“Coming in, I obviously strived to get on varsity my freshman year but we had a senior-heavy team. It seemed pretty quick to get up there sophomore year and they put me in some tough situations, but I just tried to keep my head together and keep myself ready. I’ve never been put into that type of pressure before, but my coaches were good with me trying to keep my composure. My arm trouble was starting up toward the end of that year. It would hurt during warmups, but then the adrenaline would kick in. I was focused, looking at my catcher’s glove and trying to stay on top of everything,” Spicer said. “It was pretty cool because our main pitchers were all sophomores with me, Billy Kral and Jules Massella. I had never had any experience with high school playoffs and didn’t know what to expect, but fortunately I was able to play my best that year. I’ve been small my whole life, and it was kind of cool how the older guys who were a foot taller than me were cheering me on. That made me want to go out and pitch better the next inning.”
Spicer is now a senior, and Normane and assistant coaches Jason Downey and Bob Soifer look to him and the other veterans to lead the way for the next crop of Spartans.
“Our younger guys learn from him. They see how he works and how he goes about his business. Hopefully they are taking mental notes because he’s obviously very effective,” Normane said. “And he’s not the only one. We have a bunch of smart baseball players on our team who know how to play the game.”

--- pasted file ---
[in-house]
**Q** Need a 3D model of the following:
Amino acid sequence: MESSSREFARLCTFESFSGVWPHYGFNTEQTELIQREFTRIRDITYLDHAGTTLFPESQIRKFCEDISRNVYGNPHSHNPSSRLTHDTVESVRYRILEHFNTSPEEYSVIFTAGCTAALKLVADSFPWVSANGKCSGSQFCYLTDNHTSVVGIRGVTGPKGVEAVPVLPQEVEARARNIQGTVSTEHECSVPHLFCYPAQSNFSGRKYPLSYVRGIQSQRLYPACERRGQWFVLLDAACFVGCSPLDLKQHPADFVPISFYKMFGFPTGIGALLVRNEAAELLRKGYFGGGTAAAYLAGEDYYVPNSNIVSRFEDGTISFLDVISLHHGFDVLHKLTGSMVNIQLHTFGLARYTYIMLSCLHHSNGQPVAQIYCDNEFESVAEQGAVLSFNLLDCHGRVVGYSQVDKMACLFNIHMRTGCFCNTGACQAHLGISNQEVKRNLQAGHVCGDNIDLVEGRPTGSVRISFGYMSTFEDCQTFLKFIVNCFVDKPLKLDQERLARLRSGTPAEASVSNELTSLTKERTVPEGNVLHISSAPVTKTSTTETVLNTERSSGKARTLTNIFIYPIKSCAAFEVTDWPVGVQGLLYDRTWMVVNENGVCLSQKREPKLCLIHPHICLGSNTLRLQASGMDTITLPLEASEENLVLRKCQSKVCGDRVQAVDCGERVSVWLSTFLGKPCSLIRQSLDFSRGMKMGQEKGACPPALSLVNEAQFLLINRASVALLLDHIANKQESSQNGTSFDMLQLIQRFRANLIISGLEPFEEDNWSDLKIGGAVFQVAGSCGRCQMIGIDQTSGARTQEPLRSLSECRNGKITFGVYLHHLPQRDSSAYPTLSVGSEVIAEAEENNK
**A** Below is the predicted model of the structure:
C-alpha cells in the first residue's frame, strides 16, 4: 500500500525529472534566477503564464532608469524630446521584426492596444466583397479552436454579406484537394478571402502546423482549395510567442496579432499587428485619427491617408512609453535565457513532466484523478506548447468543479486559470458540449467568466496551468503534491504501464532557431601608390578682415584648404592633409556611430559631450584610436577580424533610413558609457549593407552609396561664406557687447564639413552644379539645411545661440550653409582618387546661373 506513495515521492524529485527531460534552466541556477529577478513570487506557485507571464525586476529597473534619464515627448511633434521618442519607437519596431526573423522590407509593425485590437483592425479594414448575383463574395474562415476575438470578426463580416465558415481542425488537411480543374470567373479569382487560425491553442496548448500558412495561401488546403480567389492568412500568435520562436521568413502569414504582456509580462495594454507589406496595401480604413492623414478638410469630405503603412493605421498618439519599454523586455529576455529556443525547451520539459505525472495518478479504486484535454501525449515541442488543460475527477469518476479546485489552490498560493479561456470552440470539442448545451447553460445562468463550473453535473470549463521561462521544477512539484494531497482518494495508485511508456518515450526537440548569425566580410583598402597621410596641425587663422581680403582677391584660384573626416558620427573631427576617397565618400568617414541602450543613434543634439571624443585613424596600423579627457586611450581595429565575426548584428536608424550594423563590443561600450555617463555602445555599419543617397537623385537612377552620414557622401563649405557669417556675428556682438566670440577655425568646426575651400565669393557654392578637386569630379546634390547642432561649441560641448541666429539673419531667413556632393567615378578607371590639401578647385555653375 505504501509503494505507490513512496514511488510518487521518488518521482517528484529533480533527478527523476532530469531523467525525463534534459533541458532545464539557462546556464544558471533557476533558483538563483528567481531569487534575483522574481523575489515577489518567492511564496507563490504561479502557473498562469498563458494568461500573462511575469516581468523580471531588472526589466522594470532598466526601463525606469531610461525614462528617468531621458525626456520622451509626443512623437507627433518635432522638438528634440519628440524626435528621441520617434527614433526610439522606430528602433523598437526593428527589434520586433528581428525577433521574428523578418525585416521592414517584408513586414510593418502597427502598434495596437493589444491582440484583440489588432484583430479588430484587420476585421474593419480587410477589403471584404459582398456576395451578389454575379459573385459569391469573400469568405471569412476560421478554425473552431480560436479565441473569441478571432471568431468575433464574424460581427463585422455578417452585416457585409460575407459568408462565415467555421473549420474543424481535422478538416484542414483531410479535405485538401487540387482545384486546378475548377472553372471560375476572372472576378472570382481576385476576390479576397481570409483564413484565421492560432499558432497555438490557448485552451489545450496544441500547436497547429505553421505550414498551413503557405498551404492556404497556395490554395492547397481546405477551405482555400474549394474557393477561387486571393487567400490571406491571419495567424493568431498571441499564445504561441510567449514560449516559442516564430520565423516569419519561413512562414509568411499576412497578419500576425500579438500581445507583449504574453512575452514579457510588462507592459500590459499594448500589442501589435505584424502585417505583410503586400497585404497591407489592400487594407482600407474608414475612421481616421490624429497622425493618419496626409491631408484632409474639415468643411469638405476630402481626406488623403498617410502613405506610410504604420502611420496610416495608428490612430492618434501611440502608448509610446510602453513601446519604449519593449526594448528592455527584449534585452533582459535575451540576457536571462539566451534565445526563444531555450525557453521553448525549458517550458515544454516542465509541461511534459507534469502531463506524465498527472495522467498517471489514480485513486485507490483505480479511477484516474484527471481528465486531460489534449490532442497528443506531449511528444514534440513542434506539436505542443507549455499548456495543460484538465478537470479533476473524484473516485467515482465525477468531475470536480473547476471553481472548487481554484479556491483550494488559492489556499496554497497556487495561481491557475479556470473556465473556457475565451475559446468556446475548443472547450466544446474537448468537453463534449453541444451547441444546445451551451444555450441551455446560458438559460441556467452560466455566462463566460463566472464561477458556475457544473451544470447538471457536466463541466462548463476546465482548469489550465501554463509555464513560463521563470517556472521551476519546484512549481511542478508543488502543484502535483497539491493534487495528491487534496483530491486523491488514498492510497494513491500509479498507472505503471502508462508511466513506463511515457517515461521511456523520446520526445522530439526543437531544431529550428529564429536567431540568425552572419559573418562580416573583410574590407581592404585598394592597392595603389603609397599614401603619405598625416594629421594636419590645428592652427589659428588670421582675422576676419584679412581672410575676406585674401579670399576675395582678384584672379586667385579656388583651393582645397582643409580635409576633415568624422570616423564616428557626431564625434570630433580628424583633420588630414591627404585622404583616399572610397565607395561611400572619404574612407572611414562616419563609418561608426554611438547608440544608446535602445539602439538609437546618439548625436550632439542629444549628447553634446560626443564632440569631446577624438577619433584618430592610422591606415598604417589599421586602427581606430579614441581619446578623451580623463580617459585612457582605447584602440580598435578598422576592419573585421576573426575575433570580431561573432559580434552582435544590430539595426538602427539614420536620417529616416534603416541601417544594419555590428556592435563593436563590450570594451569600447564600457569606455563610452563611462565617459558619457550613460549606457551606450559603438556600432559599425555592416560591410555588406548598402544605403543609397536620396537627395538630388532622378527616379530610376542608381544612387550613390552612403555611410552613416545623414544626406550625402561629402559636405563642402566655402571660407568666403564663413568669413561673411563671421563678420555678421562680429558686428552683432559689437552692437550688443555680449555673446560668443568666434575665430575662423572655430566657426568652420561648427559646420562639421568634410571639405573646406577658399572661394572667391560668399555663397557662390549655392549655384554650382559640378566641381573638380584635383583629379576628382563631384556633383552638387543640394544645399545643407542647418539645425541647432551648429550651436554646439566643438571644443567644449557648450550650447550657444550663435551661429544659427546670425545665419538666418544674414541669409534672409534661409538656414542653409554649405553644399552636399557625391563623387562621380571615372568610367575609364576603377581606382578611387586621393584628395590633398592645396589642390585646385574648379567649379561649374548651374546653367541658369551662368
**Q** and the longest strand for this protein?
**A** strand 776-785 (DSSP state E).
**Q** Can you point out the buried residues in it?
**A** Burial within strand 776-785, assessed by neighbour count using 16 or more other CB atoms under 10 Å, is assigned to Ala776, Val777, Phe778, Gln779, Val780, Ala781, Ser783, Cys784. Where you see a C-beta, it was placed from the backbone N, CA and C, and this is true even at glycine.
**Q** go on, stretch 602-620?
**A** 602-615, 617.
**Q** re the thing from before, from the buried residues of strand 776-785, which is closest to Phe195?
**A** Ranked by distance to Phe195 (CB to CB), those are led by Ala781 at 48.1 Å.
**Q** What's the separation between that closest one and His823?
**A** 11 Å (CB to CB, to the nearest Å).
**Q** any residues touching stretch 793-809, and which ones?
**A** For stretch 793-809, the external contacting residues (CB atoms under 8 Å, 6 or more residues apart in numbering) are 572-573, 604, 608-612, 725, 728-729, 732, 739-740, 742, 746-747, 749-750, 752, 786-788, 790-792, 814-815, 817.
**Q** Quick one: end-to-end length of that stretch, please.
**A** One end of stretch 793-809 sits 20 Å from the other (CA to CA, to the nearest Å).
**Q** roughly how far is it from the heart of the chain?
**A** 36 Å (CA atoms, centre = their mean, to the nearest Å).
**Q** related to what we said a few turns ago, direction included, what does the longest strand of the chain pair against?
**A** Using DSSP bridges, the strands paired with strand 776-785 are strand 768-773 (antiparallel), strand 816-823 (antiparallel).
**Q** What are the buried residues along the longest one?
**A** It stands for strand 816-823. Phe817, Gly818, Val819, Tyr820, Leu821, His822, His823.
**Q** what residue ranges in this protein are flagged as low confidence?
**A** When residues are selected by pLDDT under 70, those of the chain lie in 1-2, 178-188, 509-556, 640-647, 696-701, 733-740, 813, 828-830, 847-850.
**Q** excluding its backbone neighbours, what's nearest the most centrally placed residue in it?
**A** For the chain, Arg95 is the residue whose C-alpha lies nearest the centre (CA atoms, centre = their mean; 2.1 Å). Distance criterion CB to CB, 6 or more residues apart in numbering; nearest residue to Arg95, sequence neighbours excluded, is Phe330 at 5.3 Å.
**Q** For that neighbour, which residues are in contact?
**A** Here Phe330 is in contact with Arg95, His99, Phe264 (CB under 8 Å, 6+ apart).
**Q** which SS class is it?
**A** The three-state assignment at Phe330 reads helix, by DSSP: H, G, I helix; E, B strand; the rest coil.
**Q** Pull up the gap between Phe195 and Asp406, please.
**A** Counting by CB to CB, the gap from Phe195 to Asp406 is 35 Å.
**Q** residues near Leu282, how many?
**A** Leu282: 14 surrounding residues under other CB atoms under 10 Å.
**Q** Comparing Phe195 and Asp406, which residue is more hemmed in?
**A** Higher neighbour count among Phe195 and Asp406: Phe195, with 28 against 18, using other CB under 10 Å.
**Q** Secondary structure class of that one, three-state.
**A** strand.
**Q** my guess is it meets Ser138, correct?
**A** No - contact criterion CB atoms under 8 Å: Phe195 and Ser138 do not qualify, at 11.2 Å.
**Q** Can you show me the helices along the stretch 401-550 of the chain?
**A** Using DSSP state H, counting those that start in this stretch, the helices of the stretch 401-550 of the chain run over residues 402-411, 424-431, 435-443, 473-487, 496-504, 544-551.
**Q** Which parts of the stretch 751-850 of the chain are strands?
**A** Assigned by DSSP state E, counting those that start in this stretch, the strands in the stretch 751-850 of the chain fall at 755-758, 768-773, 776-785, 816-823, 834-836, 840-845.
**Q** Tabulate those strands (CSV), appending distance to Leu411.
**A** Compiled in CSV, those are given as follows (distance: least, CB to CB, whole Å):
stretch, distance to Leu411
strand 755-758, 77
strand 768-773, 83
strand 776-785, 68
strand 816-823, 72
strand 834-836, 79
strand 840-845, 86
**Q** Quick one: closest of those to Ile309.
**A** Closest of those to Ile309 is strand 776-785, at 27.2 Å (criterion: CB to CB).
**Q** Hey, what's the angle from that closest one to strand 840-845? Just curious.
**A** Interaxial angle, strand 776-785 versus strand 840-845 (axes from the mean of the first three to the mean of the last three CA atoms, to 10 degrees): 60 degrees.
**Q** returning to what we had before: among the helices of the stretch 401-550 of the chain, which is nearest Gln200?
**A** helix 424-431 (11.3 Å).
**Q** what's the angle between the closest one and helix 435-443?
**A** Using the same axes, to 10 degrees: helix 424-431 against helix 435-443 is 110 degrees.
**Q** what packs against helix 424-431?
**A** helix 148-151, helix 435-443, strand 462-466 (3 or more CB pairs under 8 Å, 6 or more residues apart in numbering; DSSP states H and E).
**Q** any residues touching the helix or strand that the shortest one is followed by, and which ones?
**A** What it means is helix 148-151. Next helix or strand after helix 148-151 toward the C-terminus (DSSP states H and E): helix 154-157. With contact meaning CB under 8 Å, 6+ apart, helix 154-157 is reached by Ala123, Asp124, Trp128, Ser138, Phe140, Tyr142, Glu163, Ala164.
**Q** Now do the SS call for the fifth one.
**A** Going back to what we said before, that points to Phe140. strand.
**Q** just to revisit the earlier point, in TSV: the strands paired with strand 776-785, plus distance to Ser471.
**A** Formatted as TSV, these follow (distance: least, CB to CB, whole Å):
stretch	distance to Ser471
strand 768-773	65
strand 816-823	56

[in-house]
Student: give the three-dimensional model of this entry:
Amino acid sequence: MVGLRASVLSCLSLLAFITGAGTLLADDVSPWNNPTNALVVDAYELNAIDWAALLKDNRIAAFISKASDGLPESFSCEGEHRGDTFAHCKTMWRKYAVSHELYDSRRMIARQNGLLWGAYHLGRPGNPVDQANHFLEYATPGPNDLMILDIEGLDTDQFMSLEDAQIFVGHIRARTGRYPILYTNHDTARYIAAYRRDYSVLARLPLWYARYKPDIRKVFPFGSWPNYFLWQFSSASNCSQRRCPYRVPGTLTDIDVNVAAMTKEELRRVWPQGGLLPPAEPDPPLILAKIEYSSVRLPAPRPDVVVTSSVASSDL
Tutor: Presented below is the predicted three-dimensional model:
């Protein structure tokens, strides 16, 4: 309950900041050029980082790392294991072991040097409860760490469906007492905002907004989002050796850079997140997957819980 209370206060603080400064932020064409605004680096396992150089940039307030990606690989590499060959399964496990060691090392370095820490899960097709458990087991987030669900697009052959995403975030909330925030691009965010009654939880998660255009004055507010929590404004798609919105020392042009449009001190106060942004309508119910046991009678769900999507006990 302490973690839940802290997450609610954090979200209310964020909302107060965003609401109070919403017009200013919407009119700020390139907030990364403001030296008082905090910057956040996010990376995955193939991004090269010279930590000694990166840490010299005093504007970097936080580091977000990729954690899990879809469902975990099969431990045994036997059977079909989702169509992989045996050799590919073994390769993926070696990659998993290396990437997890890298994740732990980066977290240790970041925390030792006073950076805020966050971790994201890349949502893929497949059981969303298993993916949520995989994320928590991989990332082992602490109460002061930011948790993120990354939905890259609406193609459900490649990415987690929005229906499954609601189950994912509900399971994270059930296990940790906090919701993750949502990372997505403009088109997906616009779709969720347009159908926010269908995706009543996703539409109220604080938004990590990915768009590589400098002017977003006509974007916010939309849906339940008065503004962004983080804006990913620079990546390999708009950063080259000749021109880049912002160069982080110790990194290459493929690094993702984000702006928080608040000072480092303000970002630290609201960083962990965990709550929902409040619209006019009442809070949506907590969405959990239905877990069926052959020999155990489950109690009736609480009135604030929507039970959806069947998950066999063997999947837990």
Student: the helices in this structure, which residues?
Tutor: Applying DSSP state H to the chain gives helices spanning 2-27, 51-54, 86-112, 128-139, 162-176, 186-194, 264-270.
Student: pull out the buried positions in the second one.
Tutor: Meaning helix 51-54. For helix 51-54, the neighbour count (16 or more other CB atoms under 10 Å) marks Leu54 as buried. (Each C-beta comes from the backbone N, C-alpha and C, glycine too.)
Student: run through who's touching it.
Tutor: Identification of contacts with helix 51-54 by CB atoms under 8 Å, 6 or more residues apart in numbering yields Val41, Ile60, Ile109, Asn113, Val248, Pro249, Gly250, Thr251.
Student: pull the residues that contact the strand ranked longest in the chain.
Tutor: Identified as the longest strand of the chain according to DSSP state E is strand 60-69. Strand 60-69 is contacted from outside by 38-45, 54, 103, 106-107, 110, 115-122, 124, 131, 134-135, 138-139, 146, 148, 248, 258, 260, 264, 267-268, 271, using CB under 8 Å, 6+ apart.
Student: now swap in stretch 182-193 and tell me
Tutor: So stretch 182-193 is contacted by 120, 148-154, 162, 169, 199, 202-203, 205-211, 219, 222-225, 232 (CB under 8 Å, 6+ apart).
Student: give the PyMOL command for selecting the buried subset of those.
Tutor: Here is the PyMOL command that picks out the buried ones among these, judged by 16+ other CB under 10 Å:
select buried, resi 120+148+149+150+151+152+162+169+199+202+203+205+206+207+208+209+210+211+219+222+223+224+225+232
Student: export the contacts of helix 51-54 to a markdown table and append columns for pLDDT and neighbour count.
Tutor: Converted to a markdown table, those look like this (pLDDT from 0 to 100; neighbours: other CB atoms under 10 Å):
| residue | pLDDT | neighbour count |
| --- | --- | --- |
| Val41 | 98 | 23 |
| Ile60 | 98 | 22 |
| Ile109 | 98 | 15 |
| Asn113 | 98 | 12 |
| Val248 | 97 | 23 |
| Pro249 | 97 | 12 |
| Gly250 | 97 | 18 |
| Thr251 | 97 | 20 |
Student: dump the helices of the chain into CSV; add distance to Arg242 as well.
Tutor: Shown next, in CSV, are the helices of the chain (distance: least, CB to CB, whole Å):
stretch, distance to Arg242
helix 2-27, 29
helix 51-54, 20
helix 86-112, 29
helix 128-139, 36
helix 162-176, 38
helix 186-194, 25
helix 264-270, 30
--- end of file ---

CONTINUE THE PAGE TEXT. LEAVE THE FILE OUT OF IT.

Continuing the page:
Spicer has matched his athletic success with his pursuits in the classroom. He is ranked No. 12 in his senior class, and plans to attend Rowan University next fall to study economics.
“At Holy Spirit, we have a tough curriculum and we demand a lot of our students, and to have a kid like him who can set the example is huge,” Normane said.
“It’s tough, but I’m a student-athlete and the student part comes first, so I have to take care of business in the classroom first, then I can come out to the field and have some fun,” Spicer said. “Academics came naturally to me in grade school and middle school, but it’s like baseball — raw talent only gets you so far. Then you need to be able to work on it to shine.”
And, just like he’s had to make adjustments in the classroom, Spicer has learned how to best use his talents on the baseball field.
“Once I got to varsity, I had to change my approach when it came to pitching. My slider wasn’t striking guys out anymore,” he said. “I didn’t necessarily develop new pitches, but I worked on my off-speed pitches because at the higher level they weren’t good enough to get it past anyone. It turned me into a contact pitcher. It made me be more accurate, because if I wasn’t I would get shelled.”
Spicer credits the coaching staff for turning he and the other seniors into the types of leaders they are today.
“Coach Soifer helps me and the other seniors with that. He tells us whatever we do, the younger guys are going to take on our habits, so if we’re doing stuff we shouldn’t be doing they are going to do the same thing. So we have to make sure we are doing things the right way,” Spicer said.
Contact Dave O’Sullivan: sully@acglorydays.com; on Twitter @GDsullysays